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October 21, 2002
Volume 80, Number 42
CENEAR 80 42 pp. 8, 10, 48
ISSN 0009-2347


Vinland Map: Real or fake?

Good article on the Vinland Map, but the studies on the tracking of the yellow-outlined black lines seem unnecessarily complex (C&EN, Aug. 12, page 35). What evidence is there that the lines were required to be drawn separately?
Why could they not have been drawn at the same time, using a carbon-based ink in which the yellow contaminant was present? The carbon particles would not spread far from the drawn line, while the yellow contaminant could diffuse or otherwise move a small distance along the surface of the parchment.

Unfortunately, this does not address the basic question of whether the map is real or fake. A contaminated solvent could have been used in 1440, or a carefully designed ink mixture could have been used in the past century.

Frederick G. Burton
Stansbury, Utah

The following is a quote by Robin H. Clark in "Real Or Fake?" by Stu Borman: "We are neutral about the double-inking suggestion, but to date no better one has been made." And what if the forger mixed anatase or some iron-based ink into carbon-based ink and maliciously counted on a slow phase separation? One should do the experiment.

Peter Strazewski
Lyon, France

I am sure this note will be one of many suggesting the same idea. As I read the article on Yale's Vineland Map, it came to me that the double-inking theory could be responsible for all the evidence reported, just not in the same way "double inking" has been considered to this point.

Is it possible that the map is truly ancient and was originally penned with a mixture of carbon- and iron-based ink? If this were true, it is then possible that everyone is right and no one is wrong in their findings/theories on the origin of the yellow and black nature of the lines.

Just my two cents' worth.

Dudley Thomas
Gambier, Ohio


Sunscreen quandaries

Robert L. Wolke's explanation of SPF (sun protection factor) might wow the readers of a popular press magazine, but C&EN's readers most likely understand the relationships among absorptance, transmittance, and dosage (C&EN, July 22, page 8).

Anyone who understands those relationships realizes that the dosage comes from the transmitted radiation. Sure enough, his numbers show that SPF 30 sunscreen transmits only half as much UV-B as does SPF 15 (3.3% versus 6.7%). That is the significant comparison, not the possibly confusing comparison of absorptance.

The answer to his question of whether you really need SPF greater than 15 is "no" if the assumptions in his example are correct. However, many users of high-SPF products either burn in far less than one hour, unprotected, or desire maximum protection against cumulative long-term effects of UV-B radiation.

Larry Vinson
Robards, Ky.

I have been in sun care science long enough to accept many of the inaccuracies written about sunscreens (C&EN, June 24, page 38), but I still am perplexed by those, such as Wolke, who seek to correct with additional inaccuracies.

While his calculations on SPF were correct, his statements regarding the absorption of UV-B by sunscreen were misleading. Both UV-B (290– 320 nm) and UV-A (320–400 nm) contribute to sunburn. Sunscreens block both UV-B radiation, as pointed out by Wolke, and UV-A radiation. In fact, any sunscreen with an SPF greater than eight must be blocking some of the UV-A radiation.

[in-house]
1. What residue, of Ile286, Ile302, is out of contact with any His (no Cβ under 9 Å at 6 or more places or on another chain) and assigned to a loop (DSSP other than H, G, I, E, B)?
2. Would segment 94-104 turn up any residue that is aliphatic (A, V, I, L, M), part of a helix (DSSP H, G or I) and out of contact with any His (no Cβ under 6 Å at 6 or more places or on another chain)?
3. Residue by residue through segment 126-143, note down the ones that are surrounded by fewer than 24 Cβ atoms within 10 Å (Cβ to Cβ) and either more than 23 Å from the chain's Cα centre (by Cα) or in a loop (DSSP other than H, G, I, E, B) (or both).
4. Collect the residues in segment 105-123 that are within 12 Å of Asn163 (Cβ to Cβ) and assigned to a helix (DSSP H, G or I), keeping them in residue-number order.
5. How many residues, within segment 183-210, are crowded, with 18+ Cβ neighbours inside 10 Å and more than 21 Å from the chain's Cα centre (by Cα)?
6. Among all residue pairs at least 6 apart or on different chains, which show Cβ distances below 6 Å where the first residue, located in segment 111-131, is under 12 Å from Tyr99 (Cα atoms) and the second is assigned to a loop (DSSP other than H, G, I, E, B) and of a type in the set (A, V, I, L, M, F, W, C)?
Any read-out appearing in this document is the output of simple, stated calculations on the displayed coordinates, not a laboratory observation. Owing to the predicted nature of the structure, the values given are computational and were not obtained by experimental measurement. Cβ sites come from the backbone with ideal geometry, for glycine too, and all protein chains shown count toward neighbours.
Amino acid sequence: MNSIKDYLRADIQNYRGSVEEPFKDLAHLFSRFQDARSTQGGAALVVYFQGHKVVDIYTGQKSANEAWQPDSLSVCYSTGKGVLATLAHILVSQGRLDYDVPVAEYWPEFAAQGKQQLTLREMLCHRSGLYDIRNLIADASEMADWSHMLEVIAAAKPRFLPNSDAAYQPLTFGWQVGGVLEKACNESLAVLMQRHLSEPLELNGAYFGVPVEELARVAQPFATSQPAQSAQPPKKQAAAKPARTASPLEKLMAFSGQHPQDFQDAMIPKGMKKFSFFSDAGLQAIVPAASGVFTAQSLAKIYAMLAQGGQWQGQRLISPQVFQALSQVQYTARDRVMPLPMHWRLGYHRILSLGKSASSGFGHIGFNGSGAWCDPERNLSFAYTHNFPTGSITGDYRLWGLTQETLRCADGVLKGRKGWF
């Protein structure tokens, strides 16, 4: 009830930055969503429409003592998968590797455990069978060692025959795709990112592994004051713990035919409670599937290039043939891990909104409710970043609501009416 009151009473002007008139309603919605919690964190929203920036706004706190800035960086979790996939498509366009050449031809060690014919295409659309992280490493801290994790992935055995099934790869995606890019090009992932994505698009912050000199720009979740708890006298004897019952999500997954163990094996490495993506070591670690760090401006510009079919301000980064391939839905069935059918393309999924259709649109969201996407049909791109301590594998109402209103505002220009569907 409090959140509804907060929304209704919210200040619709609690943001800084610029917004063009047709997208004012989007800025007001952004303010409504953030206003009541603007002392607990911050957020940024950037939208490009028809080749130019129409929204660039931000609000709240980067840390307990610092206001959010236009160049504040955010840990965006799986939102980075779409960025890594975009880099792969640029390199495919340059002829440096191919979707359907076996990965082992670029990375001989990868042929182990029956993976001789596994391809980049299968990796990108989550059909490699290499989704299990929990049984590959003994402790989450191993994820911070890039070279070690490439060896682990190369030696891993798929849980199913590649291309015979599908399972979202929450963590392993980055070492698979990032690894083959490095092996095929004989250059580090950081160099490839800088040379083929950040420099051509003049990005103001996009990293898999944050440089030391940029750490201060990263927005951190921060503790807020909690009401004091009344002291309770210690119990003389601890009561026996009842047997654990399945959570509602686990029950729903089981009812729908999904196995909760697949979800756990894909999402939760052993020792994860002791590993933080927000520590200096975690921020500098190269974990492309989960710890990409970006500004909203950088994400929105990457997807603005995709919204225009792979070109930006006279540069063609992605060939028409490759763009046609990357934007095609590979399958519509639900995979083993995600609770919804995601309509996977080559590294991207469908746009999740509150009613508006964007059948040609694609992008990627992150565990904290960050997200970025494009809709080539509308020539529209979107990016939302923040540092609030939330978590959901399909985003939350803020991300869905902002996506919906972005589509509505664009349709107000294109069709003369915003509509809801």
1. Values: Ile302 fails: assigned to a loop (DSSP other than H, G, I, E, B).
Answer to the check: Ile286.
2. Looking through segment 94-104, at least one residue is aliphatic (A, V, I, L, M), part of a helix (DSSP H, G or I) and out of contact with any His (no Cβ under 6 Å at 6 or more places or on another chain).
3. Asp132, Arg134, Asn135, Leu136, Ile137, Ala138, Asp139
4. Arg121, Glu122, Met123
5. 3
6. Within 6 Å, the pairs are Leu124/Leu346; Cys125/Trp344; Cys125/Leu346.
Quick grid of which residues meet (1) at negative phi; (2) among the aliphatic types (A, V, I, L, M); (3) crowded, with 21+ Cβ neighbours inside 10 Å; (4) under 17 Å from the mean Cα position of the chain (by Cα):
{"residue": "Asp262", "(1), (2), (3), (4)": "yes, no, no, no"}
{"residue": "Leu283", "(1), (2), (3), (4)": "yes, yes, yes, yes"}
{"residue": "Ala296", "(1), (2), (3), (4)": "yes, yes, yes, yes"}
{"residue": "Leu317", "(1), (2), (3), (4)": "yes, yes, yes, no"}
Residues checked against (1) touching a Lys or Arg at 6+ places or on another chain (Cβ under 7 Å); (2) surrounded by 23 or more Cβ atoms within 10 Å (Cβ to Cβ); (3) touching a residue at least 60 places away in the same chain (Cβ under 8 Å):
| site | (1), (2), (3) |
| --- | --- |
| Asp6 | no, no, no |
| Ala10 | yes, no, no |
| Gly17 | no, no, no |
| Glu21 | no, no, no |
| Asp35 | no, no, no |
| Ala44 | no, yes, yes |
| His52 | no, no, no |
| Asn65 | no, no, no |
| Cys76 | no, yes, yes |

I agree with Wolke that, at some point, the increase in SPF is not worth the gain. Unlike Wolke, I find much to be gained by using sunscreen products up to SPF 30. Because I burn in 12 minutes (Skin Type II) in the June 21 Memphis sun, an SPF of 15 allows me to remain in the sun for three hours (12 minutes x 15 = 180 minutes). However, an SPF 30 sunscreen will allow me to stay in the sun for six hours. To me, this often means the difference between burning or not.

Michael Caswell
Forest, Va.

Wolke's letter "Understanding SPF" wonders how much is actually gained by using higher SPF products, since in going from an SPF of 15 to an SPF of 30, only 3.4% more of the sun's rays are absorbed. He also asks who needs 15 hours of protection when the sun isn't out for that long? The answer is that we all do.

Dermatologists tell us that the harm done by exposure to UV radiation is cumulative. Therefore, what really counts is not how much is absorbed but how much is not. By going from an SPF of 15 to 30, our exposure is cut in half. It will thus take twice as many years for our inevitable skin cancers to develop. That's exactly what we want to know when choosing a sunscreen.

J. Thomas Denison
Orange, Texas

Editor's note: To resolve issues raised by these letters, C&EN asked FDA to put them through its filter.

Though their perspectives are different, Vinson and Wolke are both right about the value of sunscreens with an SPF of 15 versus an SPF of 30. The important thing, as FDA sees it, is that "SPF value represents a ratio that describes a relative measure of the attenuation of UV radiation that causes erythema of the skin."

Denison and Caswell suggest that some people require more protection than others to prevent sunburn, and FDA agrees. "There are many variables involved in sunscreen use--skin type, latitude, altitude, whether the consumer is at the beach or in a city, application rate, replication frequency, and spreading characteristics of the product," FDA says. "The SPF provides an individual consumer a means to evaluate and compare sunscreen drug products based upon that consumer's previous experience in the sun and previous use of products with an identified SPF value."